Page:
The Métis people originated in the 1700’s when French and Scottish fur traders married Aboriginal women, such as the Cree, and Anishinabe (Ojibway). Their descendants formed a distinct culture, collective consciousness and nationhood in the Northwest. Distinct Métis communities developed along the fur trade routes. Today, it is sometimes used as a generic term to describe people of mixed European and Aboriginal ancestry, but in a legal context, it only refers to descendants of specific historic communities (e.g., the inhabitants of the Red River Colony in today’s Manitoba) or specific groups (e.g., the Paddle Prairie Métis Settlement, a contemporary community in today’s Alberta) or the people who received land grants or scrip from Canadian government. The term is sometimes contentious, as each Métis organization defines membership using different terms. Canada has the only constitution in the world that recognizes a mixed-race culture, the Métis as a rights-bearing Aboriginal people.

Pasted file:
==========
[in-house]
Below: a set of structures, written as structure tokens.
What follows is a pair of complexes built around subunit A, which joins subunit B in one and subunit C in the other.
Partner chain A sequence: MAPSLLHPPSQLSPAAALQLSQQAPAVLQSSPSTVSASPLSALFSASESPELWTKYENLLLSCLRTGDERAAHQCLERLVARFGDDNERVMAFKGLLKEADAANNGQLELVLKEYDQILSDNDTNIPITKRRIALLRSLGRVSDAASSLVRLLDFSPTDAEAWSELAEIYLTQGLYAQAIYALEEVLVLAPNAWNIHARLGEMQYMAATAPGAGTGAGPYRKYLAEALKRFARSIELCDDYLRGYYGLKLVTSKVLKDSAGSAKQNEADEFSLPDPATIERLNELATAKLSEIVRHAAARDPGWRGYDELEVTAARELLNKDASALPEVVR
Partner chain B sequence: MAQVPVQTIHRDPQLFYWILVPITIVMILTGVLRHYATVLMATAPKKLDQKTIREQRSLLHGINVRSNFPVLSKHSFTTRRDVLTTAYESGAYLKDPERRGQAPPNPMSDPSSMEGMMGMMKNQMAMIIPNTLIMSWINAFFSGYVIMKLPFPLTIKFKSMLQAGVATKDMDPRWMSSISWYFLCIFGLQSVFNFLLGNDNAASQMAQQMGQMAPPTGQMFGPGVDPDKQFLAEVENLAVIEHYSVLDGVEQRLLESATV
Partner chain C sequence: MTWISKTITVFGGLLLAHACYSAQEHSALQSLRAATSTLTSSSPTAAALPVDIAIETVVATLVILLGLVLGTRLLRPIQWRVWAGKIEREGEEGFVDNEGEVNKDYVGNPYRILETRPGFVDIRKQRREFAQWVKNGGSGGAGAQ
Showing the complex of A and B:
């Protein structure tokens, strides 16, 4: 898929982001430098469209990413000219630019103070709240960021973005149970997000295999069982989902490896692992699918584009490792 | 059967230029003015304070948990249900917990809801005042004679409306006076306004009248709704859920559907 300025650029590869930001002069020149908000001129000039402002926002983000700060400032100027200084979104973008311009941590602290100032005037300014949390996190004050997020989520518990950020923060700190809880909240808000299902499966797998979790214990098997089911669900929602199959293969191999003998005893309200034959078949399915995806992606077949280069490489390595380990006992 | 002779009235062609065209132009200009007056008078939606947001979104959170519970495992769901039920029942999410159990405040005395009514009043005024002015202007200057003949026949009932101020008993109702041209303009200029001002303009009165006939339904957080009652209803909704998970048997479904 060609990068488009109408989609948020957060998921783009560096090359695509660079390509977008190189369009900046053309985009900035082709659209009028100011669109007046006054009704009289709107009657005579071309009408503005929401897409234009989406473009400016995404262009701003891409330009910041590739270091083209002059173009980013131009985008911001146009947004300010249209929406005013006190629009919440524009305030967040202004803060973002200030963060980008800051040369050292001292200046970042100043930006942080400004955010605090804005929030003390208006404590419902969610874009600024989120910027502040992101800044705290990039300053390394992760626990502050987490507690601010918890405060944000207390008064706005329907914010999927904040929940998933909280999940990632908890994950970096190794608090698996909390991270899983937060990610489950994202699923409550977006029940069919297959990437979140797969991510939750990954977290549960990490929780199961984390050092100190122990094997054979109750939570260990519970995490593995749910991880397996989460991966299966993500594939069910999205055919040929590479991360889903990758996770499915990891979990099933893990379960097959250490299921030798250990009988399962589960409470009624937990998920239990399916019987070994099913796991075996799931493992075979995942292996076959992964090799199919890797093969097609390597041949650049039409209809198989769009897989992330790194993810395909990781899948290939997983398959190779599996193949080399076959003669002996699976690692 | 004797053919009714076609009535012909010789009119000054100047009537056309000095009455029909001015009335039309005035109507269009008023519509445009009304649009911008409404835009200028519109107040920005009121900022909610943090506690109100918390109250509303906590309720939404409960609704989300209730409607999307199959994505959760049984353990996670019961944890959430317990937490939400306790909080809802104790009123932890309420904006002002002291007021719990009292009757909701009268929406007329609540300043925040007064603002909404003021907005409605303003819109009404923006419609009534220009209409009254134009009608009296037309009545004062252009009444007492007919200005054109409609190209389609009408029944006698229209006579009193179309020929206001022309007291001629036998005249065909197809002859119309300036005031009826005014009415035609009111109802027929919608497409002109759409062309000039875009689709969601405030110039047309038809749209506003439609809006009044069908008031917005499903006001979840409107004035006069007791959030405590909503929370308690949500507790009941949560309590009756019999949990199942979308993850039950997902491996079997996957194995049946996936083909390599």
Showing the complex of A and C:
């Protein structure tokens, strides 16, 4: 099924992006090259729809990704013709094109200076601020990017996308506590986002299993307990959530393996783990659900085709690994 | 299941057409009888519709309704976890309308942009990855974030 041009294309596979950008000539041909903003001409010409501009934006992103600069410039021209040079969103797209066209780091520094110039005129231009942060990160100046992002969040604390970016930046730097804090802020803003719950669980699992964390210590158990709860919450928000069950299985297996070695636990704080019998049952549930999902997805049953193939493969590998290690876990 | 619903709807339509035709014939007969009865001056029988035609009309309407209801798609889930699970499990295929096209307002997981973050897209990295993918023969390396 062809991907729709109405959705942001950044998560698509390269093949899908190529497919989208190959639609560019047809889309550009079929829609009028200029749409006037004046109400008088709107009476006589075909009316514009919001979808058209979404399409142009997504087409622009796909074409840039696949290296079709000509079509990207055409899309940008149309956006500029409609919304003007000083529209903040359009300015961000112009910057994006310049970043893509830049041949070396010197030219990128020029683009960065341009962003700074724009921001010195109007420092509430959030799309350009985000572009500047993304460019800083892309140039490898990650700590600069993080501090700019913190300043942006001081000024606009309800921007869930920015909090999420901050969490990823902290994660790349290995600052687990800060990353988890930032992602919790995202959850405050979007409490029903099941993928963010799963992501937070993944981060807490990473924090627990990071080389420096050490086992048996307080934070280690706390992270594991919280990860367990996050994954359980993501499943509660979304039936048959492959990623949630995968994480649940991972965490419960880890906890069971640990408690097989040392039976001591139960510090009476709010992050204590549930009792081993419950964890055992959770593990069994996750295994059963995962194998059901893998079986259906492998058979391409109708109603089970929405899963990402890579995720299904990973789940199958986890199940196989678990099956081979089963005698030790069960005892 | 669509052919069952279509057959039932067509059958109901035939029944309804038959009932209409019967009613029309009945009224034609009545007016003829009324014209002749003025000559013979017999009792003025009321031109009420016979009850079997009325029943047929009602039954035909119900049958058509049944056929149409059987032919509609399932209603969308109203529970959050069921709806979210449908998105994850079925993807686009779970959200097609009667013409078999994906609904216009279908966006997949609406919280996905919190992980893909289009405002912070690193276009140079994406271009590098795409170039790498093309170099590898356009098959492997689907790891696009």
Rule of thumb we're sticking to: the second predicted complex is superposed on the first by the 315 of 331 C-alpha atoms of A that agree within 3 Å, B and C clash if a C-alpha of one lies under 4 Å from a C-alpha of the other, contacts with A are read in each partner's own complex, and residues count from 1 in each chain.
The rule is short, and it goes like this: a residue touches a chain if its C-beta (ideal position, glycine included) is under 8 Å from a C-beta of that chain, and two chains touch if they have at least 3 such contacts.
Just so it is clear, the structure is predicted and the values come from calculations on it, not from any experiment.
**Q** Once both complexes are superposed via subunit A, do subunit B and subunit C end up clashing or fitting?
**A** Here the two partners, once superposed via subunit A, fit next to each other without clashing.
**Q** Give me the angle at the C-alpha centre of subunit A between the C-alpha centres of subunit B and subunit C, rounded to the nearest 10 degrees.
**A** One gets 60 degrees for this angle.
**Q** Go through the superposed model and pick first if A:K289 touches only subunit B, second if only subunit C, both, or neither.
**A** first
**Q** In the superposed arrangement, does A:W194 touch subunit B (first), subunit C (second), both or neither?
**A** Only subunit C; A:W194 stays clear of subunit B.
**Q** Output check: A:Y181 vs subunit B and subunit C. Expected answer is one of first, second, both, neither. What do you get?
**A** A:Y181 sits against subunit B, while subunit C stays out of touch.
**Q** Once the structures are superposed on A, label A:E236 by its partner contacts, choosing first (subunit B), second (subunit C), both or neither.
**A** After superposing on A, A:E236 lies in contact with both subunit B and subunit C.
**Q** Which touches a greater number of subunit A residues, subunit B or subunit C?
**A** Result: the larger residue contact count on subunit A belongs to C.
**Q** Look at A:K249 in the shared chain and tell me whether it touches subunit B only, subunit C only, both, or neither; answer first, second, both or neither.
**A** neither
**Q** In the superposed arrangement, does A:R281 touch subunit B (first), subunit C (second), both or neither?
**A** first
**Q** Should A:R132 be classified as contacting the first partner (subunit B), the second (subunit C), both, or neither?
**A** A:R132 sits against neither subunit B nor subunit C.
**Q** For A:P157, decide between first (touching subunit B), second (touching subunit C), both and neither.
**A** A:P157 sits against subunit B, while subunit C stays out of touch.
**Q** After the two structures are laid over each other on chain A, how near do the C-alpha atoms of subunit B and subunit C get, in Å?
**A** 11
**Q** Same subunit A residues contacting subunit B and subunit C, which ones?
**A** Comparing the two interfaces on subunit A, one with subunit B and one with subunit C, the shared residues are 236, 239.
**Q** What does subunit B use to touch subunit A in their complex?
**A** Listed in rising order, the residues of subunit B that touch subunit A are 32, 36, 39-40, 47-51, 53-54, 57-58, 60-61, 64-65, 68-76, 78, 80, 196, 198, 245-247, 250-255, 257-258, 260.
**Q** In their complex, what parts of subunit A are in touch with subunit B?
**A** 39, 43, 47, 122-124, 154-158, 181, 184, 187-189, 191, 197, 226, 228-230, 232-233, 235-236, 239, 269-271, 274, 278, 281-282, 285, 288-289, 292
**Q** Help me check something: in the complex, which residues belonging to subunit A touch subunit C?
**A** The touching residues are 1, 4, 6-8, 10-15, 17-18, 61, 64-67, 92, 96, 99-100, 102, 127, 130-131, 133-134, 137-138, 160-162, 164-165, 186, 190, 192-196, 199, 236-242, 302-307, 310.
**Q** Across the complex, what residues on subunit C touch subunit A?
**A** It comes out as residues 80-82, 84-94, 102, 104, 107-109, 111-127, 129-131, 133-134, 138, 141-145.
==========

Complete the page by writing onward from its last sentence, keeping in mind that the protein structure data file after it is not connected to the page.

The Métis National Council website defines Métis as “a person who self-identifies as Métis, is distinct from other Aboriginal Peoples, is of historic Métis Nation ancestry and who is accepted by the Métis Nation.”